Are the long vistas of celestial calm!
    • Variant translations:
    • The sea, the ever renewing sea!
  • Quel pur travail de fins éclairs consume
    Maint diamant d'imperceptible écume,
    Et quelle paix semble se concevoir!
    Quand sur l'abîme un soleil se repose,
    Ouvrages purs d'une éternelle cause,
    Le temps scintille et le songe est savoir.
    • What grace of light, what pure toil goes to form
      The manifold diamond of the elusive foam!
      What peace I feel begotten at that source!
      When sunlight rests upon a profound sea,
      Time's air is sparkling, dream is certainty —
      Pure artifice both of an eternal Cause.
      • As translated by by C. Day Lewis
  • Beau ciel, vrai ciel, regarde-moi qui change!
    Après tant d'orgueil, après tant d'étrange
    Oisiveté, mais pleine de pouvoir,
    Je m'abandonne à ce brillant espace,
    Sur les maisons des morts mon ombre passe
    Qui m'apprivoise à son frêle mouvoir.
    • Beautiful heaven, true heaven, look how I change!
      After such arrogance, after so much strange
      Idleness — strange, yet full of potency —
      I am all open to these shining spaces;
      Over the homes of the dead my shadow passes,
      Ghosting along — a ghost subduing me.
      • As translated by by C. Day Lewis
  • Ici venu, l'avenir est paresse.
    L'insecte net gratte la sécheresse;
    Tout est brûlé, défait, reçu dans l'air
    A je ne sais quelle sévère essence . . .
    La vie est vaste, étant ivre d'absence,
    Et l'amertume est douce, et l'esprit clair.
    • Now present here, the future takes its time.
      The brittle insect scrapes at the dry loam;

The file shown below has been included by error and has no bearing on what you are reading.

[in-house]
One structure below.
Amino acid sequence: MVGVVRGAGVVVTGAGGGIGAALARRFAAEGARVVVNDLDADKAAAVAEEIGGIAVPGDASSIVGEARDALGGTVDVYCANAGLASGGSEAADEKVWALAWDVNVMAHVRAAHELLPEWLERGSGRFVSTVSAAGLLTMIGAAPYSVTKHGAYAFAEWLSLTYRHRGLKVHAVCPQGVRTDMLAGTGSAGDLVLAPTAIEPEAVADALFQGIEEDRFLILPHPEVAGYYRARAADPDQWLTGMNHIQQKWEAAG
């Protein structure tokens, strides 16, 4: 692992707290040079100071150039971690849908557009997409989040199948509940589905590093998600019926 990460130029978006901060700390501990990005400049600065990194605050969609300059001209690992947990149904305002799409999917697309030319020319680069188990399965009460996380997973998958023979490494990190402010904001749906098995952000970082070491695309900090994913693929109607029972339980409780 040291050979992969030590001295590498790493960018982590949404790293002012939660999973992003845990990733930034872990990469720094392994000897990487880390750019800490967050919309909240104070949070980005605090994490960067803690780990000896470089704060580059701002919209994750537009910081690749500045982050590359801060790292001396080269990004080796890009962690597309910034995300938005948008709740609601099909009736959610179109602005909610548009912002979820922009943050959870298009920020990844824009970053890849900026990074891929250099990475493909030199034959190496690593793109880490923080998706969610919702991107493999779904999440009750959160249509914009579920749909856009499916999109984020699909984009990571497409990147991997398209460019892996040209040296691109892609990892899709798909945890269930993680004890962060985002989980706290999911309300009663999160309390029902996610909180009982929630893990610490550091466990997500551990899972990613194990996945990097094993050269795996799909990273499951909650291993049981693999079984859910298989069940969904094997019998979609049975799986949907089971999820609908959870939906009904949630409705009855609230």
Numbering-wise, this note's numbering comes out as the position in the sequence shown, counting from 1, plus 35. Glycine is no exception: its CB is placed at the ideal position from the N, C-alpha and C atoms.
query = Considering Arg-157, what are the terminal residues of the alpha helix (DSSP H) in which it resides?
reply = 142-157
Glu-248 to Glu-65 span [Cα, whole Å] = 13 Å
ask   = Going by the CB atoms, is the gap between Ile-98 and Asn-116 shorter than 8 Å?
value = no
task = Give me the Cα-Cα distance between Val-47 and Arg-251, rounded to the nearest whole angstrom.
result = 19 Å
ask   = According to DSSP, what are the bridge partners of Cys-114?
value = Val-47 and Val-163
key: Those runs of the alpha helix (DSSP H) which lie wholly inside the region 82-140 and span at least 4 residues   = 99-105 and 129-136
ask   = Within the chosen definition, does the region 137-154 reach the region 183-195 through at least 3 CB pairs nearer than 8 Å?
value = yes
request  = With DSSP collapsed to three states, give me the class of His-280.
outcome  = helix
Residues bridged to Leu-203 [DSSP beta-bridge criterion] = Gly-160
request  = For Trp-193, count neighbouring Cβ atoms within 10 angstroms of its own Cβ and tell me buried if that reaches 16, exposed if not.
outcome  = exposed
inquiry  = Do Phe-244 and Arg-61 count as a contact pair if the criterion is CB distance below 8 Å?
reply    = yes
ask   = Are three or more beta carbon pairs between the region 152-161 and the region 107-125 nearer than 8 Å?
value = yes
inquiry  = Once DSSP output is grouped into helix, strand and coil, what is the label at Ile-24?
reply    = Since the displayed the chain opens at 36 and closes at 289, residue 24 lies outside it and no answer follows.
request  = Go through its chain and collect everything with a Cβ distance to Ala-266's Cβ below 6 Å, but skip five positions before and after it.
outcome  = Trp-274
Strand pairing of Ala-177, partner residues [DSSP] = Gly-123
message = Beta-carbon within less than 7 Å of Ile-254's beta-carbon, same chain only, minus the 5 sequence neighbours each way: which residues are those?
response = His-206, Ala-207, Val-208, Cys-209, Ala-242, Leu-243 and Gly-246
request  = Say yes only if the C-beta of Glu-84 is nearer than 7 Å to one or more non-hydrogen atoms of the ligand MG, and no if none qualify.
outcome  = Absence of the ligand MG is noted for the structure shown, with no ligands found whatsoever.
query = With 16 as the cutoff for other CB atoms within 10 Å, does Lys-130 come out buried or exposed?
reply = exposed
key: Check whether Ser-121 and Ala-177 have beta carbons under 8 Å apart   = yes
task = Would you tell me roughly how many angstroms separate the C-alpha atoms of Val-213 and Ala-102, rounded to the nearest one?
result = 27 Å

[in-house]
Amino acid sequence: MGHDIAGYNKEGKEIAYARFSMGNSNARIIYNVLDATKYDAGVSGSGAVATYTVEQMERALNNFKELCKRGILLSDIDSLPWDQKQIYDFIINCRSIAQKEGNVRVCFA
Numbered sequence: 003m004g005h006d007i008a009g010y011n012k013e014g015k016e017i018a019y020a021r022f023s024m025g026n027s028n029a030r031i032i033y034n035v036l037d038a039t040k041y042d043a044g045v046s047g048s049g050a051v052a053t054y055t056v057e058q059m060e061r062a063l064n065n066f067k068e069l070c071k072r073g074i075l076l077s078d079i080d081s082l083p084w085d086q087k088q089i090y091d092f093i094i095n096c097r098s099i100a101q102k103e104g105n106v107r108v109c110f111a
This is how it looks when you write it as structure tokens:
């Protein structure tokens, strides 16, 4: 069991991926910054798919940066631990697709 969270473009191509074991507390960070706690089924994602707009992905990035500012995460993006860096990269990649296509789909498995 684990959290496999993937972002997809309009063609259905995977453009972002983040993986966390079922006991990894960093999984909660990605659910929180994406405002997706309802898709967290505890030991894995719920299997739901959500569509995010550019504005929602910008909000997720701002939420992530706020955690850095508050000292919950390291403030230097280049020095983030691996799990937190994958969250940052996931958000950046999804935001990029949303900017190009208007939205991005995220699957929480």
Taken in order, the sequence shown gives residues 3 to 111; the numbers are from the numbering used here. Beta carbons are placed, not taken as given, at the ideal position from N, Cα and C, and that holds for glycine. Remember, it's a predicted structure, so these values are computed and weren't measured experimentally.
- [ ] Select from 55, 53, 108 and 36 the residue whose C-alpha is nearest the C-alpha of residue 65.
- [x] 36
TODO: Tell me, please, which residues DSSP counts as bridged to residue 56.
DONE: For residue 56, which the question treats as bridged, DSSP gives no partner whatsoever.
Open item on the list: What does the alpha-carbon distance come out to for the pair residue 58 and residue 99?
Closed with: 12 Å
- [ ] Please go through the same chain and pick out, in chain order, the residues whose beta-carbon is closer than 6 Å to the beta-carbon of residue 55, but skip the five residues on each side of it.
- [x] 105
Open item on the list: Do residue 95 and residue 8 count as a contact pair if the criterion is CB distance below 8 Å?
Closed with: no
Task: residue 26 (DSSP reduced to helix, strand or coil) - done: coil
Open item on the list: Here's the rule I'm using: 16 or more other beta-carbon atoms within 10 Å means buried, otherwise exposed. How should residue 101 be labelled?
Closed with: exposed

All is burnt up, used up, drawn up in air
      To some ineffably rarefied solution . . .
      Life is enlarged, drunk with annihilation,
      And bitterness is sweet, and the spirit clear.
      • As translated by by C. Day Lewis
  • Allez! Tout fuit! Ma présence est poreuse,
    La sainte impatience meurt aussi!
    • All perishes. A thing of flesh and pore
      Am I. Divine impatience also dies.
      • As translated by by C. Day Lewis
  • Le vent se lève! . . . il faut tenter de vivre!
    L'air immense ouvre et referme mon livre,
    La vague en poudre ose jaillir des rocs!
    Envolez-vous, pages tout éblouies!
    Rompez, vagues! Rompez d'eaux rejouies
    Ce toit tranquille où picoraient des focs!
    • The wind is rising! . . . We must try to live!
      The huge air opens and shuts my book: the wave
      Dares to explode out of the rocks in reeking
      Spray. Fly away, my sun-bewildered pages!
      Break, waves! Break up with your rejoicing surges
      This quiet roof where sails like doves were pecking.
      • As translated by by C. Day Lewis
    • Variant translations:
    • The wind is rising ... we must attempt to live.

Regards sur le monde actuel [Reflections on the World Today] (1931)

  • The “determinist” swears that if we knew everything we should also be able to deduce and foretell the conduct of every man in every circumstance, and that is obvious enough. But the expression “know everything” means nothing.
    • p. 42
  • A really free mind is scarcely attached to its opinions. If the mind cannot help giving birth to … emotions and affections which at first appear to be inseparable from them, it reacts against these intimate phenomena it experiences against its will.
    • p. 55
  • Great things are accomplished by men who are not conscious of the impotence of man. Such insensitiveness is precious.
    But we must admit that criminals are not unlike our heroes in this respect.
    • p. 58